Why it’s time to start taking responsibility and action on the environment

By Austin Stahl | as506610@ohiou.edu

It’s time to move on. Time to move past the political rhetoric on the subject of the environment, especially climate change. Time to start listening a little more to science.

The vast majority of the scientific community is in agreement that global warming is being rapidly accelerated by human activity. Yet, somehow we still manage to make it a political debate. There is no room for politics to get in the way of science in what could be the single biggest threat to the existence of mankind.

Scientists have also largely come to a consensus that we must keep the earth from heating more than 2 degrees Celsius above preindustrial levels by 2100 to avoid catastrophic climate change. According to an M.I.T. report, with no change in global policies, we are on pace to heat up more than 7 degrees Celsius by the end of the century. Sweating yet?

The claim of “job-killing regulations” and the idea that strong policies on carbon emissions will hurt the economy are outdated as well. To quote the International Energy Agency’s World Energy Outlook, “Delaying action is a false economy: for every $1 of investment in cleaner technology that is avoided in the power sector before 2020, an additional $4.30 would need to be spent after 2020 to compensate for the increased emissions.” It’s time to invest more in alternatives and end the subsidies handed out to already rich oil companies.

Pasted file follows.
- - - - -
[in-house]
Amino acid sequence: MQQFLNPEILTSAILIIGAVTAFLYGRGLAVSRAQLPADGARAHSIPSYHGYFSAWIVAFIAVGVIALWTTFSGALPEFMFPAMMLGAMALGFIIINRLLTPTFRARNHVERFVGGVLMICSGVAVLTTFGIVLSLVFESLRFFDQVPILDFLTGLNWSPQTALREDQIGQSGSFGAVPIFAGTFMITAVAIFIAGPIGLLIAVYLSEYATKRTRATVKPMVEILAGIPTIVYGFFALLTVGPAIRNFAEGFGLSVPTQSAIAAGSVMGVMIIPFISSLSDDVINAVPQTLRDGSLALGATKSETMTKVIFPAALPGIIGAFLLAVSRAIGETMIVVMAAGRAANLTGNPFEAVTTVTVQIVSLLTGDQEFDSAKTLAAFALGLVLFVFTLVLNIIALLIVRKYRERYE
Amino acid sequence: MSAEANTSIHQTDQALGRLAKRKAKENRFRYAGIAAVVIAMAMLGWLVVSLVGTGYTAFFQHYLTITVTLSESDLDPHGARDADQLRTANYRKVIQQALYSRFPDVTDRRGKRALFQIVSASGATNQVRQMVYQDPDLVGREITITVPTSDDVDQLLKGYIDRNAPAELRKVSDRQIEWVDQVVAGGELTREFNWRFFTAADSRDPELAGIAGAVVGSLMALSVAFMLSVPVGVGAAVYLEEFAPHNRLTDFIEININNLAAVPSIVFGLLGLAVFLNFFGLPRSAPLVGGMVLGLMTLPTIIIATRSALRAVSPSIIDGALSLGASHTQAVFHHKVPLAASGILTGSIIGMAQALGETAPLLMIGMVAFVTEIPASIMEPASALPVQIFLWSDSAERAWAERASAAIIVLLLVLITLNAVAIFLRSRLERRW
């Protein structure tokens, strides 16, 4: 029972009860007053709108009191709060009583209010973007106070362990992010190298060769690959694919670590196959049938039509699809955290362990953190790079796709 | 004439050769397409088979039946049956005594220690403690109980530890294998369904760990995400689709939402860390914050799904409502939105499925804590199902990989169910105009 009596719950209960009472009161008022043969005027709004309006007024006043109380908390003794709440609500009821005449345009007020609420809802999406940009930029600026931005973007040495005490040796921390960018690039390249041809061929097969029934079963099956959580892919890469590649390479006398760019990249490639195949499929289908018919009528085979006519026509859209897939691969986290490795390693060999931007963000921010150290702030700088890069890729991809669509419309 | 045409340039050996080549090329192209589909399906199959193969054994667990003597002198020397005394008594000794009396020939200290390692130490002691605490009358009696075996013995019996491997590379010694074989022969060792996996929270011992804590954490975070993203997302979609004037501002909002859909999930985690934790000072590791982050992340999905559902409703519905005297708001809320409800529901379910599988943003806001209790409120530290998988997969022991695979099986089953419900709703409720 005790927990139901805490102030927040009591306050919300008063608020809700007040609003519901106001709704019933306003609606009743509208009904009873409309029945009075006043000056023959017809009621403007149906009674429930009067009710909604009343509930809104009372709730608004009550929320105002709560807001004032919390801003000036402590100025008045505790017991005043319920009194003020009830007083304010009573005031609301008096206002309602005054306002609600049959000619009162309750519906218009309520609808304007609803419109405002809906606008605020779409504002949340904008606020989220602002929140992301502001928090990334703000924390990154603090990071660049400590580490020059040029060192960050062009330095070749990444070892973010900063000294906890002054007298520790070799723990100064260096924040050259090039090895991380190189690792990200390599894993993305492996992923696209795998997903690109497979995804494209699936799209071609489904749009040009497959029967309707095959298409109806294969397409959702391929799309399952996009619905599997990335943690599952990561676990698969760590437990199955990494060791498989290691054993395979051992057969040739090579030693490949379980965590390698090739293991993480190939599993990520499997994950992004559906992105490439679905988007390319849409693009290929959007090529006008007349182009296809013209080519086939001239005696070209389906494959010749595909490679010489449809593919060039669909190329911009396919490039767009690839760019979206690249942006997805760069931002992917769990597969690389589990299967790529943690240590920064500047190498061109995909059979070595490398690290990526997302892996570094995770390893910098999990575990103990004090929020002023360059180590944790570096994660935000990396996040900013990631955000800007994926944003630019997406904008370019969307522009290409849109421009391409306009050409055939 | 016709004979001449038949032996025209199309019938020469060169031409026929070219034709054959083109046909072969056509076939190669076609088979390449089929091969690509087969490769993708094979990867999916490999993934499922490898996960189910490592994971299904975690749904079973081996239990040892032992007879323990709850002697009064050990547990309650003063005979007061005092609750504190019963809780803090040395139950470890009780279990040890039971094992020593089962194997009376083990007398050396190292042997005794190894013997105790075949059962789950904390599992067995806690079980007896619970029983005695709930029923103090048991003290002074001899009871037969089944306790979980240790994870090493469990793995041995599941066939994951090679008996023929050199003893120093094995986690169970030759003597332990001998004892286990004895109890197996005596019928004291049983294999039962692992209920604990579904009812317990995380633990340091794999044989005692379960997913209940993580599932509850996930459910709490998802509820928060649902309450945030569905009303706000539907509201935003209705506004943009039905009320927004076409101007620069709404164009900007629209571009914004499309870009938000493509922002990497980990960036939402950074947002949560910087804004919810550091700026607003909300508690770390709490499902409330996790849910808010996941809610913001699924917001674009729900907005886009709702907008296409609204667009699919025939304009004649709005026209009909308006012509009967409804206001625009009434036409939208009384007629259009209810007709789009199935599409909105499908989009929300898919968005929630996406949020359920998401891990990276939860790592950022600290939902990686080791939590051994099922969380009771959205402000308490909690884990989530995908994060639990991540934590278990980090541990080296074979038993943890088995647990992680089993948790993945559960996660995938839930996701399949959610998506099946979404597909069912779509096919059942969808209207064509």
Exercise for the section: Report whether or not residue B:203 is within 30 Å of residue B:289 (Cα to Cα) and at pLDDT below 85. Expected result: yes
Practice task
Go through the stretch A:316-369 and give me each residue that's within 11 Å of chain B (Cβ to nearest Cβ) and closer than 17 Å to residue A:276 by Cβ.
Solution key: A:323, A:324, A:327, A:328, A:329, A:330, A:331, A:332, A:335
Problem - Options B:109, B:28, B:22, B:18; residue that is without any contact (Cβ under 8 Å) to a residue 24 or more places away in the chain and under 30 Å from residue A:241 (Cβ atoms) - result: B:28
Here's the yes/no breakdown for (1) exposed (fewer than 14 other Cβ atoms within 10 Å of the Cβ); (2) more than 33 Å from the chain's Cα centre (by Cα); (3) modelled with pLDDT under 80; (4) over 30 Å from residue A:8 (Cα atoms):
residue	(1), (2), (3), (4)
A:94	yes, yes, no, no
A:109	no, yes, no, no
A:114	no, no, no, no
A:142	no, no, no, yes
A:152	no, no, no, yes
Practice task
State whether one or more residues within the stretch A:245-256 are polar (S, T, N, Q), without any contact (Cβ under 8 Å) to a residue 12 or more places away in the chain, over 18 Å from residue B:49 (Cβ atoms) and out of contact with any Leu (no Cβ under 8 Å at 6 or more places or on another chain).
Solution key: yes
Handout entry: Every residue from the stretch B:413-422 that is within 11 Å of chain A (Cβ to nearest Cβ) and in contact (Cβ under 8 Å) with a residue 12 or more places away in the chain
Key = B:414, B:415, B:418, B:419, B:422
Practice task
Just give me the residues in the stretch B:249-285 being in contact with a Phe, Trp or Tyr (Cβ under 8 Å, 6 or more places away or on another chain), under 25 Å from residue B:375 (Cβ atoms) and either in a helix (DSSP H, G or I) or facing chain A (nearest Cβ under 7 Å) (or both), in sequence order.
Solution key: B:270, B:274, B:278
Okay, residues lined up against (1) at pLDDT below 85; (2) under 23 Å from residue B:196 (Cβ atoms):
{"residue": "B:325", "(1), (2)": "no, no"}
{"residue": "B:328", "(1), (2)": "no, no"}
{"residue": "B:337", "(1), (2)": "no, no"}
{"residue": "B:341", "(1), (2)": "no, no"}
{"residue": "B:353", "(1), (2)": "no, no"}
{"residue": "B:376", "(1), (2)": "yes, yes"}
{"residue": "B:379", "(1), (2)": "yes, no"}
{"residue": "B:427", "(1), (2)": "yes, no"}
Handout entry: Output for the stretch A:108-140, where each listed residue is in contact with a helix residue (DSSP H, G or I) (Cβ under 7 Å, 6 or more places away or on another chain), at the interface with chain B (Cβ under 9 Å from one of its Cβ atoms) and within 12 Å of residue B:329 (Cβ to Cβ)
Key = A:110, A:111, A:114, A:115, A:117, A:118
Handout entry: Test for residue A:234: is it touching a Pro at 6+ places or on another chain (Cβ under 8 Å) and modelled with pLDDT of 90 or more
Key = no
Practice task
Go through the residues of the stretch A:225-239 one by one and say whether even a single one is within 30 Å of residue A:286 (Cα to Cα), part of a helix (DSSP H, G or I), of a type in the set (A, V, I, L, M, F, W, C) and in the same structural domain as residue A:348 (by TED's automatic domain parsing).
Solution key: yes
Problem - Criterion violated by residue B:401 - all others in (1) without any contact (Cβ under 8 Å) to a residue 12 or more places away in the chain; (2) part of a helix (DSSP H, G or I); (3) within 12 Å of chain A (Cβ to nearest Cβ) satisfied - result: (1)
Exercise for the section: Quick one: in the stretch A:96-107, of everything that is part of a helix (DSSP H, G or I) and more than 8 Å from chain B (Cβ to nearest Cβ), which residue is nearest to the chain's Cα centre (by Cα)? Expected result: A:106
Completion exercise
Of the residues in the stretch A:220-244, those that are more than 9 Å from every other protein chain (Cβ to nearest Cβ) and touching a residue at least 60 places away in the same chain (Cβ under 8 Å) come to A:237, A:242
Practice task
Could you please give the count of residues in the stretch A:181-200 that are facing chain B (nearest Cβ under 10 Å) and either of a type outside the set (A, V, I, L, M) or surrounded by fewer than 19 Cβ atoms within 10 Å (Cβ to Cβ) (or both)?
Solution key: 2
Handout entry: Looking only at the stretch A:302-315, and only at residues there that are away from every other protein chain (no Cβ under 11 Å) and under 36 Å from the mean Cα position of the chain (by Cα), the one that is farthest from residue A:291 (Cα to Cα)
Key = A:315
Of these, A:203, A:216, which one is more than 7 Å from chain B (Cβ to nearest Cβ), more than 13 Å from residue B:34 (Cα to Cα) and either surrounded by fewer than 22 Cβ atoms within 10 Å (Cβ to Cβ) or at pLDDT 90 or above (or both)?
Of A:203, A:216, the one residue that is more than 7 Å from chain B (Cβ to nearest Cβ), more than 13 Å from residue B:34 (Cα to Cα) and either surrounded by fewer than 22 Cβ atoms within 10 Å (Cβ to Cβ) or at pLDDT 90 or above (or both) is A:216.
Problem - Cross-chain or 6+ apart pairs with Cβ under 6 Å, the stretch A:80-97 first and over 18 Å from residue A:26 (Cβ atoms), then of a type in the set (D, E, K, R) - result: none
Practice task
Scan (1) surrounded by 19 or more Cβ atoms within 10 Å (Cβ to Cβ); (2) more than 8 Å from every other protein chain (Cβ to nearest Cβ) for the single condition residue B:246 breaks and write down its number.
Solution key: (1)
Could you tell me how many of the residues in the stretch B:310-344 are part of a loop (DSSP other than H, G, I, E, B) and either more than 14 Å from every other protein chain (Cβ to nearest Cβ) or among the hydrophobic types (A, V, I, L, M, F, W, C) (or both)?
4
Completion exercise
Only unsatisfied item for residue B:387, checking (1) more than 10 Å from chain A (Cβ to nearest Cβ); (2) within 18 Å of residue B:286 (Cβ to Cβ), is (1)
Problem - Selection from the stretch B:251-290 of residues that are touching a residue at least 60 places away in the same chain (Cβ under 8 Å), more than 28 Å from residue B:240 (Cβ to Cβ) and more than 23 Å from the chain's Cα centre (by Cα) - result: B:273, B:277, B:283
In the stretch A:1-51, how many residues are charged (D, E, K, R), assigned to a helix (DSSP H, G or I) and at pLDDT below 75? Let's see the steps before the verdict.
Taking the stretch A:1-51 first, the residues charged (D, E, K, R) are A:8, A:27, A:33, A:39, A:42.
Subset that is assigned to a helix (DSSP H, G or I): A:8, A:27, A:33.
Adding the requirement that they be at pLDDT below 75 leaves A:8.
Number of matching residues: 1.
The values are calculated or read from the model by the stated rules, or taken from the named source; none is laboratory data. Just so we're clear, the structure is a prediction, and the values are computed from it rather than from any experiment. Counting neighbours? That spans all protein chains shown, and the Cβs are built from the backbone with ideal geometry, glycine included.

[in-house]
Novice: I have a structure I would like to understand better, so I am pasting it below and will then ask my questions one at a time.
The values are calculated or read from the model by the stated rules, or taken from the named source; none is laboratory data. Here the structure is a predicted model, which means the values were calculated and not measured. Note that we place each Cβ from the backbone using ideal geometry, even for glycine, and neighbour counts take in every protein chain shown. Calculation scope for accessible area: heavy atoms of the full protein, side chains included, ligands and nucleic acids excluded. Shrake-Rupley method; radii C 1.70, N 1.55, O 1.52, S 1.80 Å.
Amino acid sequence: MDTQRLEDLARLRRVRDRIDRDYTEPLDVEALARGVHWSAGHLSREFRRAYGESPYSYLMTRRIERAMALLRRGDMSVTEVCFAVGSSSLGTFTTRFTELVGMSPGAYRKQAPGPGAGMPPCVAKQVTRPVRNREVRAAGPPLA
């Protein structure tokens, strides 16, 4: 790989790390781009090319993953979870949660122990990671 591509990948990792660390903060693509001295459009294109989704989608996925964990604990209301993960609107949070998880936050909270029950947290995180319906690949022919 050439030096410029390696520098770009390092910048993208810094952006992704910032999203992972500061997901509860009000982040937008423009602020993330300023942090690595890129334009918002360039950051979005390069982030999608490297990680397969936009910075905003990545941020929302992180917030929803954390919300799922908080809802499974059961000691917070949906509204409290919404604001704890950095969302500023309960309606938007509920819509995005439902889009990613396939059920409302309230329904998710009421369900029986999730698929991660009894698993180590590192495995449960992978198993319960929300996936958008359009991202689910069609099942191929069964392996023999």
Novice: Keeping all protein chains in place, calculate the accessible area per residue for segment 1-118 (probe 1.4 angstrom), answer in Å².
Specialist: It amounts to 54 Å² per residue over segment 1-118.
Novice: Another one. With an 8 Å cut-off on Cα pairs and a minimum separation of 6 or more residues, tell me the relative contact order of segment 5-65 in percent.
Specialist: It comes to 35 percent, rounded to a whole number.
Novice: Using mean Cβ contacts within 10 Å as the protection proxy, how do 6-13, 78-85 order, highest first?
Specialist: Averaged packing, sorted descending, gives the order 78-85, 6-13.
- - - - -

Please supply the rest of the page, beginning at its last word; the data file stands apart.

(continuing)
The issue of climate change has been universally accepted. America is the only country that still has a significant portion of political elites that deny the earth is heating up. It’s time to move past this silliness. And it’s time for all of us to start taking action. It’s our duty, even, as inhabitants of this earth.

Americans have an especially heavy burden to play in helping slow global warming. Per capita, we are the biggest polluters in the world. We also consume the most resources. The United States makes up 5 percent of the world’s population yet consumes 30 percent of the world’s resources. In 2009, we emitted 17.8 percent of total global carbon emissions and 18 tons of carbon per person, highest among countries with large economies.

Global warming plays a big part in the lives of the poor, especially in third world countries, however sadly ironic it is since they have nothing to do with this affair. Nonetheless, they suffer from the industrialized world’s actions. The recent drought in the Horn of Africa was linked to global warming and left thirteen million Africans starving. As more extreme weather events occur, it becomes more difficult to grow food, especially in the third world countries that do not have access to modern farming technologies.

Speaking of extreme weather, 2011 was by far the worst on record. According to the National Oceanic and Atmospheric Association, 14 extreme weather events caused more than $1 billion each in damage, totaling $200 billion. Right here in the Ohio Valley we had 300 times the average amount of precipitation, causing historic flooding in the Mississippi River Valley.

To be blunt, if we don’t start changing our ways, we’re in for a dire future. It’s high time we started taking responsibility for our actions and working together to change them.


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